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The Future of Progressive Jewish Leadership

by Megan Brumer

My connection to the World Union for Progressive Judaism (WUPJ) began in the summer of 2010. As a camper at URJ Kutz Camp, I shared a cabin with campers from Israel and South Africa, and I learned from them and other international campers about their experiences growing up in Netzer, the international Reform Zionist youth movement sponsored by the WUPJ. This was the first opportunity I was given to consider and learn about world Jewry, and it sparked an interest for me that has continued to this day. In preparing to enter rabbinical school, I’ve spent the past year living in Jerusalem while I study at the Pardes Institute of Jewish Religion. When I heard the WUPJ Connections biennial conference was going to be held practically in my backyard, I jumped on the opportunity to join fellow NFTY Alumni to participate. I was eager to learn more about WUPJ and Progressive Judaism throughout the world.

I started my week meeting fellow NFTY alumni and seeing friends who I haven’t seen in many years. Twelve of us from across North America met up in Jerusalem and connected (or reconnected) over hummus at the popular Humus Ben Sira. We got to know each other more and spent time hanging out before the trip’s formal itinerary began. We then came together to participate in the TaMaR Conference, which was one of my favorite parts of the entire experience. TaMaR brings together young adults from countries all over the world to learn and socialize and network with each other. During the conference, we learned about what it means to be a leader and an entrepreneur and we talked about the future of young leadership in WUPJ and the progressive communities throughout the world. We, as young adults, are the future leaders of the movement, but we are also the present leaders of the movement. Throughout the whole conference, we took that to heart and showed how young adult leadership is important to have in the overall leadership. I love learning about different practices throughout the world and it was amazing to learn about worldwide progressive Jewish communities and meet and hear from young adult leaders around my age from all those communities. Every community functioned in their own way and each community can learn from each other and strengthen their own home community. As I am starting my studies at Hebrew Union College – Jewish Institute of Religion (HUC-JIR) this summer for Rabbinical school, it was exciting to learn about other Reform Seminaries around the world that I had never heard of before. It reminded me of the worldwide mission that I am about to take part of in becoming part of the rabbinate.

After the TaMaR conference, Connections 2017 began. We had a beautiful opening event at the Tayelet overlooking Jerusalem. It was a warm, clear evening and you could see a beautiful panoramic view, including the Old City of Jerusalem. On Thursday morning, at Robinson’s Arch at the Kotel, we participated in a B’not Mitzvah service of 13 women from Brazil. After that, we marched with the Torahs through security to the Kotel plaza, chanted Torah again and finished our progressive Shacharit service together at the Upper Plaza. While some rituals performed at the Kotel by progressive Jews have been faced with protest from the Orthodox community, we felt lucky to have had the opportunity to worship in peace. This is the second time I have witnessed a Reform/Progressive Egalitarian service at the Upper Plaza of the Kotel and it was an historical event. Having men and women praying together in the Kotel plaza is not a regular occurrence.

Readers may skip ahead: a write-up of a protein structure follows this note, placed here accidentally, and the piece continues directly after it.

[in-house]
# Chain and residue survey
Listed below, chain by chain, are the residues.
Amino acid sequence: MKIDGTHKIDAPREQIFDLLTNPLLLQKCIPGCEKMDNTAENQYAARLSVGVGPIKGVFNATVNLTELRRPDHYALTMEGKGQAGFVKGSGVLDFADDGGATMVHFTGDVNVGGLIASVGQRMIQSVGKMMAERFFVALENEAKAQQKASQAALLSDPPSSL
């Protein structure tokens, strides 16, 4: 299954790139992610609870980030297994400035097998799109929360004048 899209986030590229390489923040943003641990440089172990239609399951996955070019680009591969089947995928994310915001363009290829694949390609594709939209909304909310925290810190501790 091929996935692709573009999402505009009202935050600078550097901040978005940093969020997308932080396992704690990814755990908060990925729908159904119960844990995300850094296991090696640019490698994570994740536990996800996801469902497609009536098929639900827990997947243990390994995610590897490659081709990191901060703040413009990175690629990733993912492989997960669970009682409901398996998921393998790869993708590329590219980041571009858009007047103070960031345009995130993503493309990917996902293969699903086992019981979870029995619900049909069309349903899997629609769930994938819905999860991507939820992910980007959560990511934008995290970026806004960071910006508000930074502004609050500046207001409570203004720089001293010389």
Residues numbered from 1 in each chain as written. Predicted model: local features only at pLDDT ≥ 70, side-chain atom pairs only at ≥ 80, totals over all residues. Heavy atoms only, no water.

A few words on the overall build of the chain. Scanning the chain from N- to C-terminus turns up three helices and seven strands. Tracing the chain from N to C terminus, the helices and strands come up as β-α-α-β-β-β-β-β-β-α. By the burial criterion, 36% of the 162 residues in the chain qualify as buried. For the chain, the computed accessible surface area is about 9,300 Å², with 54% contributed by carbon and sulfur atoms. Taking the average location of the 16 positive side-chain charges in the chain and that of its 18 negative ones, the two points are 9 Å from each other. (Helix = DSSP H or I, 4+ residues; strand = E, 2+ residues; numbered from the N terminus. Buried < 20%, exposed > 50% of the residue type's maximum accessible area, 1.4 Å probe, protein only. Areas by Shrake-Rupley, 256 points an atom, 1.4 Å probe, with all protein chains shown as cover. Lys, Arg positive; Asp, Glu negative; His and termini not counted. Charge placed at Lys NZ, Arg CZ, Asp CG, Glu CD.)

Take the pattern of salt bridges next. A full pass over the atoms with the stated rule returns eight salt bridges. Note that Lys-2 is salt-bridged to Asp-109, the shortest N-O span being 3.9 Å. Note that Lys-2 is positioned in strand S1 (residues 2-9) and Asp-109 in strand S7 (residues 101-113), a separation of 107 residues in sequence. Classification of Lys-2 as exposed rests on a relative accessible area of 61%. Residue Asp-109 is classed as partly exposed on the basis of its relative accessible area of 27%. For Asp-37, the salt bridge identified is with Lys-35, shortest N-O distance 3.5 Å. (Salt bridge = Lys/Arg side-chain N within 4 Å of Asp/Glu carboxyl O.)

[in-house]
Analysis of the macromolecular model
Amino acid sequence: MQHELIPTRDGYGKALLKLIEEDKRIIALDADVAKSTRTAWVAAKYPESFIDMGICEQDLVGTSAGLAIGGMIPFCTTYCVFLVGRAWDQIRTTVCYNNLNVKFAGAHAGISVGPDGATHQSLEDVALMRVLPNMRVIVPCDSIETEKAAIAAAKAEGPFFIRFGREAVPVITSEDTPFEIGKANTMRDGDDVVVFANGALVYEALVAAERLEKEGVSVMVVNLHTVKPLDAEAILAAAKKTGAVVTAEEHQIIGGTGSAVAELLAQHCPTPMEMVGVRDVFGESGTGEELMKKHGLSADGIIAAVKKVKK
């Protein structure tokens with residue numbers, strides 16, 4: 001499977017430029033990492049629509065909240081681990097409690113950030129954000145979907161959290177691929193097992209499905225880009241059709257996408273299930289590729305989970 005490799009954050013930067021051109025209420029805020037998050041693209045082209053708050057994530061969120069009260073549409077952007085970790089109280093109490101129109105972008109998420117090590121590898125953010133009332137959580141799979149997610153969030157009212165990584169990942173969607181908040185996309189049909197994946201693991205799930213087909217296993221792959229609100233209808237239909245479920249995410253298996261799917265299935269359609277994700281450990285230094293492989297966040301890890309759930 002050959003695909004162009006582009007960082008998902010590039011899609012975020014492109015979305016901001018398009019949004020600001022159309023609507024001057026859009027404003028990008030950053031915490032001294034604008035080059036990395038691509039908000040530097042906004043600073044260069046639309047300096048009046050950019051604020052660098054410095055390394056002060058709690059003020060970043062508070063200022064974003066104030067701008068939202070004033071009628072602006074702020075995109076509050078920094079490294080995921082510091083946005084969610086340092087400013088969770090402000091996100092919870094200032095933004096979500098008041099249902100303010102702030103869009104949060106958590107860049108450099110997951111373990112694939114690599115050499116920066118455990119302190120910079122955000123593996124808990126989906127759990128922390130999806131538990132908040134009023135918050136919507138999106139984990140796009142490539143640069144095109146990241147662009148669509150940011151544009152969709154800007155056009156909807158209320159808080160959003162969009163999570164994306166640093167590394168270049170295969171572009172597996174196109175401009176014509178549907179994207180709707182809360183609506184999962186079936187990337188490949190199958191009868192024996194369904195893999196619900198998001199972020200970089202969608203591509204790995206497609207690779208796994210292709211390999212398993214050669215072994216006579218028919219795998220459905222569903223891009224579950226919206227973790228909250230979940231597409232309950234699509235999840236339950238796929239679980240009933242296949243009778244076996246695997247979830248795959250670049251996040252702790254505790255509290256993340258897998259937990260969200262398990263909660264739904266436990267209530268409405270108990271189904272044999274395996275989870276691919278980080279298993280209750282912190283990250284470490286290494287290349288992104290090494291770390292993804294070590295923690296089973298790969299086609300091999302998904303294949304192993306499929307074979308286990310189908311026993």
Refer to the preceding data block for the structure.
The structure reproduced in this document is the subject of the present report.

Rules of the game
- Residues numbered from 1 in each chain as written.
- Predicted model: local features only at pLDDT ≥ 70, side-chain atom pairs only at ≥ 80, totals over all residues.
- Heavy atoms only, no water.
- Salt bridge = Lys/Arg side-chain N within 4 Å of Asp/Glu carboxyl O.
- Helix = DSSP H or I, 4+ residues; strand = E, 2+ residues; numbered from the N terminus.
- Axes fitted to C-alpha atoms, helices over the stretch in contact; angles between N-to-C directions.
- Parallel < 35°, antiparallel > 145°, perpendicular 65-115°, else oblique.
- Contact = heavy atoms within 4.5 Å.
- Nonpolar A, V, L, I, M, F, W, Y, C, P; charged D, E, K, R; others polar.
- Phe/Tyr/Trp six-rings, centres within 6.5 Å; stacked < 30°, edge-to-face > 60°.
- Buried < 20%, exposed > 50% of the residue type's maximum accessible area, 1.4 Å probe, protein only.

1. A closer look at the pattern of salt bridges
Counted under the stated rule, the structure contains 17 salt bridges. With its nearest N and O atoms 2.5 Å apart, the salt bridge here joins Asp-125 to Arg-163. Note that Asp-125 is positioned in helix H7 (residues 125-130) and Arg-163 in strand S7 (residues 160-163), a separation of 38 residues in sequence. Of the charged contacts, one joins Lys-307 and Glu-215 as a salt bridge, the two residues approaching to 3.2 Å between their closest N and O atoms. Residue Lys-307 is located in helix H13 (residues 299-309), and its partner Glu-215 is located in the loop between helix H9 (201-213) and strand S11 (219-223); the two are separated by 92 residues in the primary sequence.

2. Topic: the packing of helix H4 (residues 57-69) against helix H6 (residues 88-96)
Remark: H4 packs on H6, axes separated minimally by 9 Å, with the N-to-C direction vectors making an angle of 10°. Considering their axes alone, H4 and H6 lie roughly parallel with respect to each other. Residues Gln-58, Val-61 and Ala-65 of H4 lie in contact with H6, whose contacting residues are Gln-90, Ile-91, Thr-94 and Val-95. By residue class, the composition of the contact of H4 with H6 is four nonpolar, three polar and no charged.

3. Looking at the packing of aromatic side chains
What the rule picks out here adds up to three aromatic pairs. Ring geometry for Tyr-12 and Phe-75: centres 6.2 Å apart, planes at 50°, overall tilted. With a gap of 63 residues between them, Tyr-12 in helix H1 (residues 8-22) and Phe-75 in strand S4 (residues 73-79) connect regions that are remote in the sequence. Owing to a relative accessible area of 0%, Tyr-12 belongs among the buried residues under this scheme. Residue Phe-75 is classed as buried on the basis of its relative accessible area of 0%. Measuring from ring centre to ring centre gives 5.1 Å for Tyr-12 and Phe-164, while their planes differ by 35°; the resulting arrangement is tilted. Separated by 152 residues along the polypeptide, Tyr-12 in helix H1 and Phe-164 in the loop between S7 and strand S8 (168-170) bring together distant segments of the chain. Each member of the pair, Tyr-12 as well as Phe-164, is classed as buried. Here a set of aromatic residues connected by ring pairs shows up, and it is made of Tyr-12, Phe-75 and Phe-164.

Thursday afternoon and Friday there were many learning sessions to attend. Two sessions that stood out to me were a session on Jewish activism led by the leaders of Women of the Wall and a music session to learn the new repertoire from the conference. There were also panels about the future of progressive Judaism and its leadership. Friday evening, we attended a Kabbalat Shabbat service open to all the Israeli community led by eight Israeli Reform congregations. There were over 800 people and it was amazing to see the Israeli Reform Movement come together. There were many tunes that I recognized and knew and I find it incredible how Jews from all over the world can come together through music and prayer. Saturday was filled with Shabbat activities, including walking tours and music sharing and open mic. That evening we had an amazing dinner and closing ceremony with a music celebration at the end. Overall, I had an amazing time learning, praying, networking and celebrating worldwide progressive Judaism. I enjoyed creating new connections along with strengthening the ones I already had, and it was great to share this experience with my fellow NFTY Alumni.